Toby Frost

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It might be the case that you've got too many secondary characters, and that merging a couple of them would simplify things and might make those that remain seem more complex and less like quest-givers. I agree that it's got to seem as if they've got lives outside the main characters: unusual quirks and interests can help. Not just going along with the lead might work as well: if they disagree in some way, or sit some bits out, that gives the impression that they're making their own decisions.
 

Swank

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It’s *really* important that characters, even pretty minor ones, have a character arc that matters to them. Giving them a background, family, things they are interested in and care about can really work. But they will never ever come alive if their entire purpose in the story is to support the mc‘s arc.
seeing the new comment from you i would do a quick character sheet for each. Who are they, what do they want in their life, what are their hopes and dreams and fears. Others might add colour of hair and that sort of thing, too. Any little habits of bits of geekery they’re into? Any special talents?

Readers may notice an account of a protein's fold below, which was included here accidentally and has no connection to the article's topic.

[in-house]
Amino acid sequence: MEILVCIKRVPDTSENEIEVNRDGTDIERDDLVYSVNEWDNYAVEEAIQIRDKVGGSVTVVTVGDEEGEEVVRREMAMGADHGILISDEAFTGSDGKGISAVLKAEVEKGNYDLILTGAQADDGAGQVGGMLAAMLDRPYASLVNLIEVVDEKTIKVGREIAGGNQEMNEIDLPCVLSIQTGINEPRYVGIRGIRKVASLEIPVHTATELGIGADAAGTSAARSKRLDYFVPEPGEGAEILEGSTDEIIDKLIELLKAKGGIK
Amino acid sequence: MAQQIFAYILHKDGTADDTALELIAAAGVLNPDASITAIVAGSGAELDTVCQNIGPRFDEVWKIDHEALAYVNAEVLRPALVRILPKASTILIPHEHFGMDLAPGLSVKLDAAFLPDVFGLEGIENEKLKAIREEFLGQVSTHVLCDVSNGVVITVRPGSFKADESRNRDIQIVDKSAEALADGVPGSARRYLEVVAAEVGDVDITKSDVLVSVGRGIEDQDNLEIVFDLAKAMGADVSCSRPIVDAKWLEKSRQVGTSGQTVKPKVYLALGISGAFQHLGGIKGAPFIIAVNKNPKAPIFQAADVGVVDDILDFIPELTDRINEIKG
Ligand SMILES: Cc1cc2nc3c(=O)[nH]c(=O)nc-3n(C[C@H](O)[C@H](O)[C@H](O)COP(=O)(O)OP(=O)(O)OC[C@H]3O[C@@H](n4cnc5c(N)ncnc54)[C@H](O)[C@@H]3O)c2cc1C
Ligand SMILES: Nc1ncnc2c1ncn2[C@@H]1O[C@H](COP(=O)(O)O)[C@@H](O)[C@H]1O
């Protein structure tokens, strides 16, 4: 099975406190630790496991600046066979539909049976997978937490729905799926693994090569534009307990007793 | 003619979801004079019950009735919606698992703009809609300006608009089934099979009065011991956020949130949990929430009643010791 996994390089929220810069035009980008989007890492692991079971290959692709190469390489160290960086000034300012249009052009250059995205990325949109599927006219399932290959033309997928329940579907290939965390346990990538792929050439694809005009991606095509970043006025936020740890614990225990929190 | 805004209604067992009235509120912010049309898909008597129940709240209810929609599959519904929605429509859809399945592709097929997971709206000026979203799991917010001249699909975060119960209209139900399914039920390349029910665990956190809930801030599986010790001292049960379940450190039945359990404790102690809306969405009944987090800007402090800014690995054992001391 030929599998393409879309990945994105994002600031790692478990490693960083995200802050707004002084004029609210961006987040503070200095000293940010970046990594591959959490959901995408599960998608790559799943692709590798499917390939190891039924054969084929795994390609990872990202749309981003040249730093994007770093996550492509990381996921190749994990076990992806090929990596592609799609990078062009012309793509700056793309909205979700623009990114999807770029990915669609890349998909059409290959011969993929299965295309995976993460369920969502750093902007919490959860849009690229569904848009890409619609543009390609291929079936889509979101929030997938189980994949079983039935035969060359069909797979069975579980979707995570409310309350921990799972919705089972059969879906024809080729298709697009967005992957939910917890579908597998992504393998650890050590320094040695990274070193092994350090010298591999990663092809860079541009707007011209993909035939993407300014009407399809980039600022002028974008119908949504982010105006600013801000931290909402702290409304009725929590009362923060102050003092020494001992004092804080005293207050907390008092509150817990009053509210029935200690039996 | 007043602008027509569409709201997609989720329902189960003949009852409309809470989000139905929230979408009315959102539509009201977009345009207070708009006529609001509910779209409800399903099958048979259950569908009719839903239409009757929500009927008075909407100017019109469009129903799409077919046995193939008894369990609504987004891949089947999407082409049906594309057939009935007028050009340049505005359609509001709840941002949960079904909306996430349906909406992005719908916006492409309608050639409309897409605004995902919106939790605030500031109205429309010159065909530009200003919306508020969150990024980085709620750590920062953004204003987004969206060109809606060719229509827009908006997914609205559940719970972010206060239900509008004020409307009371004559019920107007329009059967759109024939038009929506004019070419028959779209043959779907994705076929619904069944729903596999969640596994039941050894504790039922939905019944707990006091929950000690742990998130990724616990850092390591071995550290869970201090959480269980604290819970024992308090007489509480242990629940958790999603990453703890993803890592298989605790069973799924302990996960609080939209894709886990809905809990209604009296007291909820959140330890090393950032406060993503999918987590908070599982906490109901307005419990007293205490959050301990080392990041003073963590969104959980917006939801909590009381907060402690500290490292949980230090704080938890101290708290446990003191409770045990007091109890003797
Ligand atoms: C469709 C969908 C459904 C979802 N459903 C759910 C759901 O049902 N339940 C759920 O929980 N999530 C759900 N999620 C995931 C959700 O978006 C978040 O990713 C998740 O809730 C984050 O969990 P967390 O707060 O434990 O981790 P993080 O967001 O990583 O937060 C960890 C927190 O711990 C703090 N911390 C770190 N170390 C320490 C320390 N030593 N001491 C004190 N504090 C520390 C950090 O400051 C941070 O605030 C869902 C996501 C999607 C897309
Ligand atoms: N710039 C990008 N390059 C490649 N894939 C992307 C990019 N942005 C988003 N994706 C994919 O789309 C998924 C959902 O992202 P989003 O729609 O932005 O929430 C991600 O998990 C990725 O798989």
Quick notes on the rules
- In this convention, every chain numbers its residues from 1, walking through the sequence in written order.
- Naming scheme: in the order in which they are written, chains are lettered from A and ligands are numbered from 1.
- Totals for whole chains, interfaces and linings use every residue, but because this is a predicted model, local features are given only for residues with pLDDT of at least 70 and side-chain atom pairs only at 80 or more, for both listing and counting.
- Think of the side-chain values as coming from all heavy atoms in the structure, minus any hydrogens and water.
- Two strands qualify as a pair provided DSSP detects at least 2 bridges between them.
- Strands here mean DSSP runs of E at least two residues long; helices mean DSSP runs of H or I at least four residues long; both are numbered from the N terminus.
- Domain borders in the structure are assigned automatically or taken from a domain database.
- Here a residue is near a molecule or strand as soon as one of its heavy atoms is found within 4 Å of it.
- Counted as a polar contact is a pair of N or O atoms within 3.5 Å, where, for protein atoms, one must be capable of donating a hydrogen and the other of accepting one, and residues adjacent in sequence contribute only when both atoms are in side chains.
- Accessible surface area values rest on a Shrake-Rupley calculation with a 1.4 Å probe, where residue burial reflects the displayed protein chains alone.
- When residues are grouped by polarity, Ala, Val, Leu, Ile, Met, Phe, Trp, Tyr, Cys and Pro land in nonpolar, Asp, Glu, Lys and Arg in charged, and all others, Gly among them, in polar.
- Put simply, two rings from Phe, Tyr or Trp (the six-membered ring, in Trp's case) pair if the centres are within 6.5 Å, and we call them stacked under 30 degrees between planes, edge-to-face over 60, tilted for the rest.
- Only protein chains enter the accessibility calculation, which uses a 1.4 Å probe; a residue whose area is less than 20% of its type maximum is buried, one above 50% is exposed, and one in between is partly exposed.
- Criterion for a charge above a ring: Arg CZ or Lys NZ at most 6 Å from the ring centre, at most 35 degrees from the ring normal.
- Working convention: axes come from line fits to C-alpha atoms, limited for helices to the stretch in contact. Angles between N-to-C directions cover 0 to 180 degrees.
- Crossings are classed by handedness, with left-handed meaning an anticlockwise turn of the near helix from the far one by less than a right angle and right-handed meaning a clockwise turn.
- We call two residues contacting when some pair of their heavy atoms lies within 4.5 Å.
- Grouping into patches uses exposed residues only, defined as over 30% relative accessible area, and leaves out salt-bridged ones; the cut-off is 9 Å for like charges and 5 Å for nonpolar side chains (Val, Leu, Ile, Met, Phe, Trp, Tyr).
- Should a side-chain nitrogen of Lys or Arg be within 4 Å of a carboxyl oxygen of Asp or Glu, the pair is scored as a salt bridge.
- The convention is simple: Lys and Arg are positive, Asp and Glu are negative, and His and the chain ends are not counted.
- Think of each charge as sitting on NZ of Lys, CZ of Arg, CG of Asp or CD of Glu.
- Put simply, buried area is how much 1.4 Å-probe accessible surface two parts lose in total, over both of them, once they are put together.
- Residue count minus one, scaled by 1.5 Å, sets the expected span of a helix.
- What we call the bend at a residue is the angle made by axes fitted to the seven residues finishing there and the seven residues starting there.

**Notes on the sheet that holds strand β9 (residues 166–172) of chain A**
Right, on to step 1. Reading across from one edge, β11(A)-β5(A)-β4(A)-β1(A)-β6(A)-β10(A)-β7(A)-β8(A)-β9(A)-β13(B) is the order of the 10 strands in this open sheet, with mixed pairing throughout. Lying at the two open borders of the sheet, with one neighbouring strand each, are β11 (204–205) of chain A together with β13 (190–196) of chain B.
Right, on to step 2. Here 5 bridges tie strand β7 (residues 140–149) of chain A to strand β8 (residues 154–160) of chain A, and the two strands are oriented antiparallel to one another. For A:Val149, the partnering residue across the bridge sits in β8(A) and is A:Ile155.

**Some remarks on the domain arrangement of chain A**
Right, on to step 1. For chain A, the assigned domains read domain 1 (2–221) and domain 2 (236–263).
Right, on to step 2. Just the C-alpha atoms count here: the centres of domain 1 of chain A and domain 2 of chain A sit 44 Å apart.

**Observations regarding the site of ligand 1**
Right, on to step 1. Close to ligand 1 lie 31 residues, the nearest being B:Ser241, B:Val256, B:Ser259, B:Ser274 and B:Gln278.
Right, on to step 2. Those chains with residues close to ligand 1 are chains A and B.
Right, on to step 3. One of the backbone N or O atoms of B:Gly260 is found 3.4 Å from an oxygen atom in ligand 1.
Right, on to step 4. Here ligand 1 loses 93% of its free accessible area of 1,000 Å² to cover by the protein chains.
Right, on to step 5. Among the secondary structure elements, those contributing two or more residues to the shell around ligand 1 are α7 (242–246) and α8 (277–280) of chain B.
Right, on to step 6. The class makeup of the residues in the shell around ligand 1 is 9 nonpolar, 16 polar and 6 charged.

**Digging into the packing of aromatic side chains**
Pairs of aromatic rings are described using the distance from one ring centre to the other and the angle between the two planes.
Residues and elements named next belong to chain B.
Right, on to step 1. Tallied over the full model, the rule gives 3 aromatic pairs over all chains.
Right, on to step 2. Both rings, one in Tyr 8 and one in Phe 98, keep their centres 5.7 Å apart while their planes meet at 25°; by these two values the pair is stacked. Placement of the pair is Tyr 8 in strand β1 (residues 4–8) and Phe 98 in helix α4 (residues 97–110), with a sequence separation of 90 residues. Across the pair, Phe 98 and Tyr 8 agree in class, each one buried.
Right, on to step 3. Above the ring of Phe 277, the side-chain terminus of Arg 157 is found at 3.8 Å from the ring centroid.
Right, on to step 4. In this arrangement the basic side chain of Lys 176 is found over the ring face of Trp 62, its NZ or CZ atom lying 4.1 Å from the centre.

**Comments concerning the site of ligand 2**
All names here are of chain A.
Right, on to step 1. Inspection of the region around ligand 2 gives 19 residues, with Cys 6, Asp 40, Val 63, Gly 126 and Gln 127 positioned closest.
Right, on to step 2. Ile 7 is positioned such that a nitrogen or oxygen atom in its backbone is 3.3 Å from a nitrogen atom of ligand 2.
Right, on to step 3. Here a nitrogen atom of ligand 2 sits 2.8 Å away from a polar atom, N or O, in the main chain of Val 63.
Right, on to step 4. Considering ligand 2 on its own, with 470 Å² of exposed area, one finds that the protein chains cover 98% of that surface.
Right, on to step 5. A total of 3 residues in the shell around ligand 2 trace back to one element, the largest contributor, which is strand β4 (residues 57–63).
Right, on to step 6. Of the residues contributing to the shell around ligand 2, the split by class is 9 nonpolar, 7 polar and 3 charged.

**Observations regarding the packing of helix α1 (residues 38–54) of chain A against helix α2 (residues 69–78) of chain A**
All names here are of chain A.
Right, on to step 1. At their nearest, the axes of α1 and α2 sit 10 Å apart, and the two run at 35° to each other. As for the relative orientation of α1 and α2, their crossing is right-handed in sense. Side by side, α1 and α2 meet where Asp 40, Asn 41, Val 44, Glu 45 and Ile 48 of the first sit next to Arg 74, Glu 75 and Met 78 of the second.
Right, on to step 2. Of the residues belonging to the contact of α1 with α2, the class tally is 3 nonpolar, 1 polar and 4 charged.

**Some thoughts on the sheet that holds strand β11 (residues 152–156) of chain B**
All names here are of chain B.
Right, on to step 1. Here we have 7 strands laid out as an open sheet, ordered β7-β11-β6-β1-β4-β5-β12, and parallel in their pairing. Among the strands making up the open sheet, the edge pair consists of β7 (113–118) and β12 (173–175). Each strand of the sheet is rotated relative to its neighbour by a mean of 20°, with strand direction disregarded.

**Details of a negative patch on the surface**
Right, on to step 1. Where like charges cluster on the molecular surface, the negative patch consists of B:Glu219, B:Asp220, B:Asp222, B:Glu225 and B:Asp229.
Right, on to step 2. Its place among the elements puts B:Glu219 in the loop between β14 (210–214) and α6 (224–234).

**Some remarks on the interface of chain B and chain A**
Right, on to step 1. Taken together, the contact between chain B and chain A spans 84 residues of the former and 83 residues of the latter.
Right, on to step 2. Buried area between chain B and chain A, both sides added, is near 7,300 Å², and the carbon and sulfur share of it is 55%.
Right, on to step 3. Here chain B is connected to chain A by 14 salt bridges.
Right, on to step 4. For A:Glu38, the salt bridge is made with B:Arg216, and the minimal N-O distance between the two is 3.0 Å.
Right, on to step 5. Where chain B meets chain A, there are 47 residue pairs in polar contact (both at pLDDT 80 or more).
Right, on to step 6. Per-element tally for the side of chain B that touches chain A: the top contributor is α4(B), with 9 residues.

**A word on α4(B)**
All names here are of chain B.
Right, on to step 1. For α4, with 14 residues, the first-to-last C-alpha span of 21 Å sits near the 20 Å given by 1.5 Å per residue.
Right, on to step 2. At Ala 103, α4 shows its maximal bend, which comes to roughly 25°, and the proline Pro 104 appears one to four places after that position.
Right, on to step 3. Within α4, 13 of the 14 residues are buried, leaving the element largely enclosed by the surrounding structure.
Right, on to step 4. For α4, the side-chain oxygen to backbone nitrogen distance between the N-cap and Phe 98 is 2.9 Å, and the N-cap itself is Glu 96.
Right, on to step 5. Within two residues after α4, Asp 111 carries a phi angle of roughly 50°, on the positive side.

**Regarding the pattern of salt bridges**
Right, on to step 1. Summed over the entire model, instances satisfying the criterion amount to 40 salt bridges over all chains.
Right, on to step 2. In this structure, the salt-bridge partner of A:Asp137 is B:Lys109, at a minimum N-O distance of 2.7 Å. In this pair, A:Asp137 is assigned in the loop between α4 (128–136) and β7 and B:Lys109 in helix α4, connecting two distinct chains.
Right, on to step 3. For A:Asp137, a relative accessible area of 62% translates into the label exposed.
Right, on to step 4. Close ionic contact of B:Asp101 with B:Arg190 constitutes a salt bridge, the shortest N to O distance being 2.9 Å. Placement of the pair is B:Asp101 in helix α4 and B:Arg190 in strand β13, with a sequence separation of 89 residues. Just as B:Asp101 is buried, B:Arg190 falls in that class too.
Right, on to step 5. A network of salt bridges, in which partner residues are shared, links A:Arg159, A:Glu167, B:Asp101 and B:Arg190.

From there, I’d try to incorporate those quirks into the story.
The protagonist shares a train compartment with another traveler for an hour. Noting the protagonist's unusual luggage, the minor character starts a conversation and ultimately makes a revelatory comment to the protagonist that changes their perspective on the quest. The traveler gets off at the next stop, leaving the protagonist to ponder.

Does this minor character need a character arc? What is accomplished by dedicating time and energy to a back story that will not play a role in that character being curious and perceptive enough to have an impact on the protagonist and plot?